Big Businesses Imitate Small Business Practices

Businesses today have needs that are far different from those of the past. Today, a prudent company values rapidity, resilience, and elasticity. Startups are the paragon of today’s moving markets, standing as a clear indicator of the direction (present and future) of business as a whole. Processes are no longer cumbersome and lethargic to change; they are constantly being tinkered to match the speed of the booming cyber industries that involve unprecedented speeds of communication and data exchange. The most important and integral intellectual capacity of a startup is its implicit pledge to think differently from traditional and growingly obsolete method of conduct. So the question is, how do larger, more traditional businesses imitate the practices of startups to think differently—practices that will contribute to faster and more fruitful activity?

A startup cannot be unidimensionally defined by its product; it is the attitude toward and behind the presentation of the product that truly puts a startup ahead of its competitors—its culture. A startup breathes creativity, taking in a conscious assessment of circumstances and exhaling unique innovative ideas based on temporal figures. When people are given more opportunity, they produce more ideas. Any one new idea sparks a chain of thoughts and contributions that build upon a scaffold of risk-taking intuition.

One method isSusie Almaeih quite simple. Big businesses simply need to devote more resources to the advancement of technologies they use. Startups are in sync with the moving market, and refresh their awareness of new products available for improving the pace or quality of work. While big businesses may enjoy a larger arsenal of firepower, startups are more adaptable to momentary changes through their continually changing repertory of assets. They simply stay up to date by dedicating part of their time to gaining understanding of new and improving technologies.

Another way businesses can increase flexibility is to allow employees to work from home. If employee satisfaction isn’t a convincing statistic, one should note the increased physical flexibility that entails. Remote-work gives individuals the power to schedule their work hours according to their personal productivity levels. With easier access to data and communication among employees and customers, people can do more without being anchored to their office spaces.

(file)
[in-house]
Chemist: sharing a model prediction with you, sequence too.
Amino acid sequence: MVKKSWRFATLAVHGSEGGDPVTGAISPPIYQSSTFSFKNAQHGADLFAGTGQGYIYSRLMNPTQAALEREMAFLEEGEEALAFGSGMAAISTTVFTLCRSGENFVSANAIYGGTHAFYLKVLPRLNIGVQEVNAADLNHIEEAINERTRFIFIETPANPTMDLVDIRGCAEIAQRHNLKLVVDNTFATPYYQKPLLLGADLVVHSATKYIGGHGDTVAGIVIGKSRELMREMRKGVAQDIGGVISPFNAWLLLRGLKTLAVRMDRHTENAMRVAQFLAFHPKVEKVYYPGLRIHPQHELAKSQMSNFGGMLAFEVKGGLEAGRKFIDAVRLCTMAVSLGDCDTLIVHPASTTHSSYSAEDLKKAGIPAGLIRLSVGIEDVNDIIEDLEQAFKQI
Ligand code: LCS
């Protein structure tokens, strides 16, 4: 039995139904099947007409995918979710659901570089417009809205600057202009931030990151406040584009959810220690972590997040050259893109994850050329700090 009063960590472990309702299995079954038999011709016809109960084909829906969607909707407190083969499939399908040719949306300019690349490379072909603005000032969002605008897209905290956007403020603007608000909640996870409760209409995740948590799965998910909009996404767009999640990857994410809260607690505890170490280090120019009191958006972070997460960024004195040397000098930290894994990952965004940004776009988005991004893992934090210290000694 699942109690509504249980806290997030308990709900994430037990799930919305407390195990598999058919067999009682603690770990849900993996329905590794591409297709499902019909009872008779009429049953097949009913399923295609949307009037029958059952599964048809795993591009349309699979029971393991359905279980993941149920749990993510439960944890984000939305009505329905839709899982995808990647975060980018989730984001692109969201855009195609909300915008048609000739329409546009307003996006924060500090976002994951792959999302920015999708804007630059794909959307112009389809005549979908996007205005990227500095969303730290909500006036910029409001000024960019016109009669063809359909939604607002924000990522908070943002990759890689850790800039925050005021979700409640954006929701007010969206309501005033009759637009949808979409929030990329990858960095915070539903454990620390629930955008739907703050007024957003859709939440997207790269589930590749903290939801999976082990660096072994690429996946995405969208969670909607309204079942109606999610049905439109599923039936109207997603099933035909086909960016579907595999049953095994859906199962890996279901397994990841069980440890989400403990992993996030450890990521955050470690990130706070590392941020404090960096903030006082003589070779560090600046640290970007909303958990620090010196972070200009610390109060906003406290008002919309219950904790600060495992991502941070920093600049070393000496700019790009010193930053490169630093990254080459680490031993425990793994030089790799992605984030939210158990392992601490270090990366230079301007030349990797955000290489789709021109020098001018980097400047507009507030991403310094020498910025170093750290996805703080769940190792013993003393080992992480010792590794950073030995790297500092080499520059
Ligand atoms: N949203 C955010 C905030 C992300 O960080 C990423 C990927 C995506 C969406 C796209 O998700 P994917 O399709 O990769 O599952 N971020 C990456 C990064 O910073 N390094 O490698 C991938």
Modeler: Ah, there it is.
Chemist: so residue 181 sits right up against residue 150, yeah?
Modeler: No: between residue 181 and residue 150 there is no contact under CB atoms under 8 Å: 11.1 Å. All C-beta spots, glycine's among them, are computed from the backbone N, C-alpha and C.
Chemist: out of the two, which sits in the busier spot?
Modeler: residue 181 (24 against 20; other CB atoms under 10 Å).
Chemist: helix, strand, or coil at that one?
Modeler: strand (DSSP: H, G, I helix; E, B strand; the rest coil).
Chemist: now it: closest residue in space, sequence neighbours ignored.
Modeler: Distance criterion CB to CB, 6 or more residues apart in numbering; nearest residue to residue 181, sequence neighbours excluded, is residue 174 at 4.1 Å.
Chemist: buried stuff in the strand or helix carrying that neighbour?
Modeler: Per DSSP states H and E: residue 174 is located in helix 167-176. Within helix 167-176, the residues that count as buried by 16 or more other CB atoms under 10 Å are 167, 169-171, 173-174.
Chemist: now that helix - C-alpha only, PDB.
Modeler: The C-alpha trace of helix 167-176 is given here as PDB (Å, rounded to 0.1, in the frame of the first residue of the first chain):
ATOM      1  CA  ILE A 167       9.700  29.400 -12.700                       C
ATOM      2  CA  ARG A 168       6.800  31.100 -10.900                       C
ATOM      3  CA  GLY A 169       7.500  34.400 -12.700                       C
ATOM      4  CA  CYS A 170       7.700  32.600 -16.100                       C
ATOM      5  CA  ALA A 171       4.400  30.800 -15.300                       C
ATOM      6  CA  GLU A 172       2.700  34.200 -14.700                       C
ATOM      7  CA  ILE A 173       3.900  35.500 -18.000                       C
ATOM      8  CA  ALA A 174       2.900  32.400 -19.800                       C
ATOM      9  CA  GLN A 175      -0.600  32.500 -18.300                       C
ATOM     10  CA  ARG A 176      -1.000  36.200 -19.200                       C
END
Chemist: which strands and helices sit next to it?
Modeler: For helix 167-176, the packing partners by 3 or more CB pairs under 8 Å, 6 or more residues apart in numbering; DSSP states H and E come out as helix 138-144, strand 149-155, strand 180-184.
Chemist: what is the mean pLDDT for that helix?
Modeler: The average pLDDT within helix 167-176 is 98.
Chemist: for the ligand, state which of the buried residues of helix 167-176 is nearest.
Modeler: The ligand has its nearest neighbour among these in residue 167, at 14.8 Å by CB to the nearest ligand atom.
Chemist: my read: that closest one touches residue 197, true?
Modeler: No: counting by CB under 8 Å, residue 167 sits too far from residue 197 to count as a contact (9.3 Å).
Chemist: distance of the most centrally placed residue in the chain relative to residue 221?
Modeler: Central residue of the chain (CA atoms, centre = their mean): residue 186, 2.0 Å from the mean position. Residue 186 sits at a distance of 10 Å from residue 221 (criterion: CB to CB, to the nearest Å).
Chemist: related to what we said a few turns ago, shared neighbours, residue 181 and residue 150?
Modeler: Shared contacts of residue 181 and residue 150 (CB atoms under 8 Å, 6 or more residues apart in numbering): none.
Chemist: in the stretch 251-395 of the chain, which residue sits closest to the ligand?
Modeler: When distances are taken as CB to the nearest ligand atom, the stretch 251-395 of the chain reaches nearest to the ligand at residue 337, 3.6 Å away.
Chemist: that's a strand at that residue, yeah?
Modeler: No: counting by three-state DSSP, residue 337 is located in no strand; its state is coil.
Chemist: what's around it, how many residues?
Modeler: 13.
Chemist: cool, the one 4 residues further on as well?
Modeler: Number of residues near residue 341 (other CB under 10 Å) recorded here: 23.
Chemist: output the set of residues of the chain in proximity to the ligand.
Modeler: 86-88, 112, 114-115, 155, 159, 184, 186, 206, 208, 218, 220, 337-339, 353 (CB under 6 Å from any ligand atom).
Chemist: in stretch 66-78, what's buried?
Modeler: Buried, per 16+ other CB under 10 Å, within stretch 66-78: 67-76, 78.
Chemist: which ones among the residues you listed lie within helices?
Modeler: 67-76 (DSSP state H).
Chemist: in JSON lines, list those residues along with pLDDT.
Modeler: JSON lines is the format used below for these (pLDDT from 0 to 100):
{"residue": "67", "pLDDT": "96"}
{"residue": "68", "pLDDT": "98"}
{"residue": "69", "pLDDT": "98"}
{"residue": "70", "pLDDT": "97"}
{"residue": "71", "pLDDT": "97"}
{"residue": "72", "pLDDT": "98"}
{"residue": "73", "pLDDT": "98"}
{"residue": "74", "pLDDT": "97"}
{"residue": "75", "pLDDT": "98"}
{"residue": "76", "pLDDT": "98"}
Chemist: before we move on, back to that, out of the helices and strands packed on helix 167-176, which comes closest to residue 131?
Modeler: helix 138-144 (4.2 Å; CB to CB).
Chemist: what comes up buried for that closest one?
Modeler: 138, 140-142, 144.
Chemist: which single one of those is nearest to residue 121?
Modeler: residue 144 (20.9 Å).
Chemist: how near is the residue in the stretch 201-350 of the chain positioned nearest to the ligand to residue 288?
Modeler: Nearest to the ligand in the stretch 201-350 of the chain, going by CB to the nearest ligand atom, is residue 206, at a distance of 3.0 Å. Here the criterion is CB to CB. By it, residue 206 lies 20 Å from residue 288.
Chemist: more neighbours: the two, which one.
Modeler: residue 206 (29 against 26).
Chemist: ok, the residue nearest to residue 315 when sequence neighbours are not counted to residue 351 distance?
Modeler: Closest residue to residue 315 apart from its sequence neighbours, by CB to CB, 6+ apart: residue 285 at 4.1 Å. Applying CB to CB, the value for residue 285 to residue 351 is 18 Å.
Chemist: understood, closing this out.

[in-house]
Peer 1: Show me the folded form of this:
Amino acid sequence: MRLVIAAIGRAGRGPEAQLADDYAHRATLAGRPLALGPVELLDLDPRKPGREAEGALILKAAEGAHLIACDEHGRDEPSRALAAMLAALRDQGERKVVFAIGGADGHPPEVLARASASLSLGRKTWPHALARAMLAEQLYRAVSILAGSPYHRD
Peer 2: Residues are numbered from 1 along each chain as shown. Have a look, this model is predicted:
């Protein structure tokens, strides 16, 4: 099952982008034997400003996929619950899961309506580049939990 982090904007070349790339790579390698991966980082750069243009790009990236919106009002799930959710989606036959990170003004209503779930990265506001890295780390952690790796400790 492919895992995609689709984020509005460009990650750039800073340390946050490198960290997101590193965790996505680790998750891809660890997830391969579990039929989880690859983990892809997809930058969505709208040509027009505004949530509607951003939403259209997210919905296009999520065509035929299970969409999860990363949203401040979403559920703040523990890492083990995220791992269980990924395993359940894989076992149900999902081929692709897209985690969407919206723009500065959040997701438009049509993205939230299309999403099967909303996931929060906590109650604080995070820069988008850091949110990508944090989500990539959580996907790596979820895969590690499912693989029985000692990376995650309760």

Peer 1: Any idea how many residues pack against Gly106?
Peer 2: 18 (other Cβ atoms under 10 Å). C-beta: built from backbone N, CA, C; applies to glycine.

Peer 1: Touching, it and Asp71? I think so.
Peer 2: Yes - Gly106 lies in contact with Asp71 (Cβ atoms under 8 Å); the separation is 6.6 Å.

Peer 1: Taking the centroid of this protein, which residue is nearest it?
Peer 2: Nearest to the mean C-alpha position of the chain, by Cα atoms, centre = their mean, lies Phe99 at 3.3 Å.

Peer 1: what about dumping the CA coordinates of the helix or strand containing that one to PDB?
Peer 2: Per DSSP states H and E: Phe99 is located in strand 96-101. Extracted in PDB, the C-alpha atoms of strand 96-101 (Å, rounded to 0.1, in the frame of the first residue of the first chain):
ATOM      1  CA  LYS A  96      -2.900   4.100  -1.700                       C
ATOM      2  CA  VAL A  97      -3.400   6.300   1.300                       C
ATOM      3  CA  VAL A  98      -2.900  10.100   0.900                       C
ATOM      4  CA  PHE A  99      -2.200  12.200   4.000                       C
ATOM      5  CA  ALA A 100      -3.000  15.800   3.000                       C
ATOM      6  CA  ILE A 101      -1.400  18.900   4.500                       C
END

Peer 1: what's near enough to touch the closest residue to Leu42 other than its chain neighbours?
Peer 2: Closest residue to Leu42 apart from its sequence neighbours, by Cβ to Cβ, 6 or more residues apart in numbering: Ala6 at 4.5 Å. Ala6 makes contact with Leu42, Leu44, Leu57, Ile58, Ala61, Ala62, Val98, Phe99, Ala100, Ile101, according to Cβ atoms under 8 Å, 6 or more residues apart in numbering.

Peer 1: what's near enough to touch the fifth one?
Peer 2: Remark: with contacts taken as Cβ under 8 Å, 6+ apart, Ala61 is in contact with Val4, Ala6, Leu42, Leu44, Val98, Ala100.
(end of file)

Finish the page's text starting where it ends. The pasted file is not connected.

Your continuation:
The startup is the gold standard for innovative business practice. Their flexibility, elasticity, and open-mindedness give them an advantage over big businesses that get bogged down on bureaucratic limitations. A business seeking to improve its connectivity and relativity to the modern world should consider learning about startup culture.

Why Startups Work

Susie AlmaneihThere’s no doubting the positively correlative relationship between the development of startup companies and the openness and flexibility of the market. As information becomes more readily available and easier to exchange, people have greater potential for creation resting at their feet and in the palms of their hands. Whereas traditional and ordinarily large enterprises sought to maximize profits through campaigns based upon working harder, startups resonate more naturally with the fast-paced flow of society, encouraging smarter work—efficiency that doesn’t rely plainly on time in the office or hours spent on a project, but rather on innovative ways around traditionally bulky formulae. Big corporations are slowed by sheer size and the implicit bureaucracy of complicated, multilevel organization. When every day witnesses some form of innovation (and the voracity for ceaseless improvement) there isn’t time to waste. Big businesses should do what they can to familiarize themselves with the aspects of startups that make them fit so well in the financial realm that thrives today. In fact, a trend of many big businesses is exactly that: to reorganize internally in order to mimic strategies of startups.

One example of a big company that has crafted a workplace atmosphere similar to that of a startup is Pixar. Whereas many large companies are inclined to stasis and suffocating pigeonholing, Pixar limits specialization by encouraging group efforts on a wide range of skills from analytical strategizing to creative marketing. Staff members, all offering a different perspective and skill set, come together to work on the same project in smaller, more agile groups. While the process is novel and atypical for a top corporation, the innovative willingness to take risks is a defining element evokes the unpredictable charm of startups.

The advantages of disintegration of a static hierarchy are many, but perhaps the most obvious is mobility. Companies can gain awareness of and quash competition as it arises if internal flexibility and adaptability is high. A company that takes time to scale hierarchical ladders for unnecessary authoritative decisions wastes time that could be spent gathering feedback, pivoting, reevaluating, and recreating.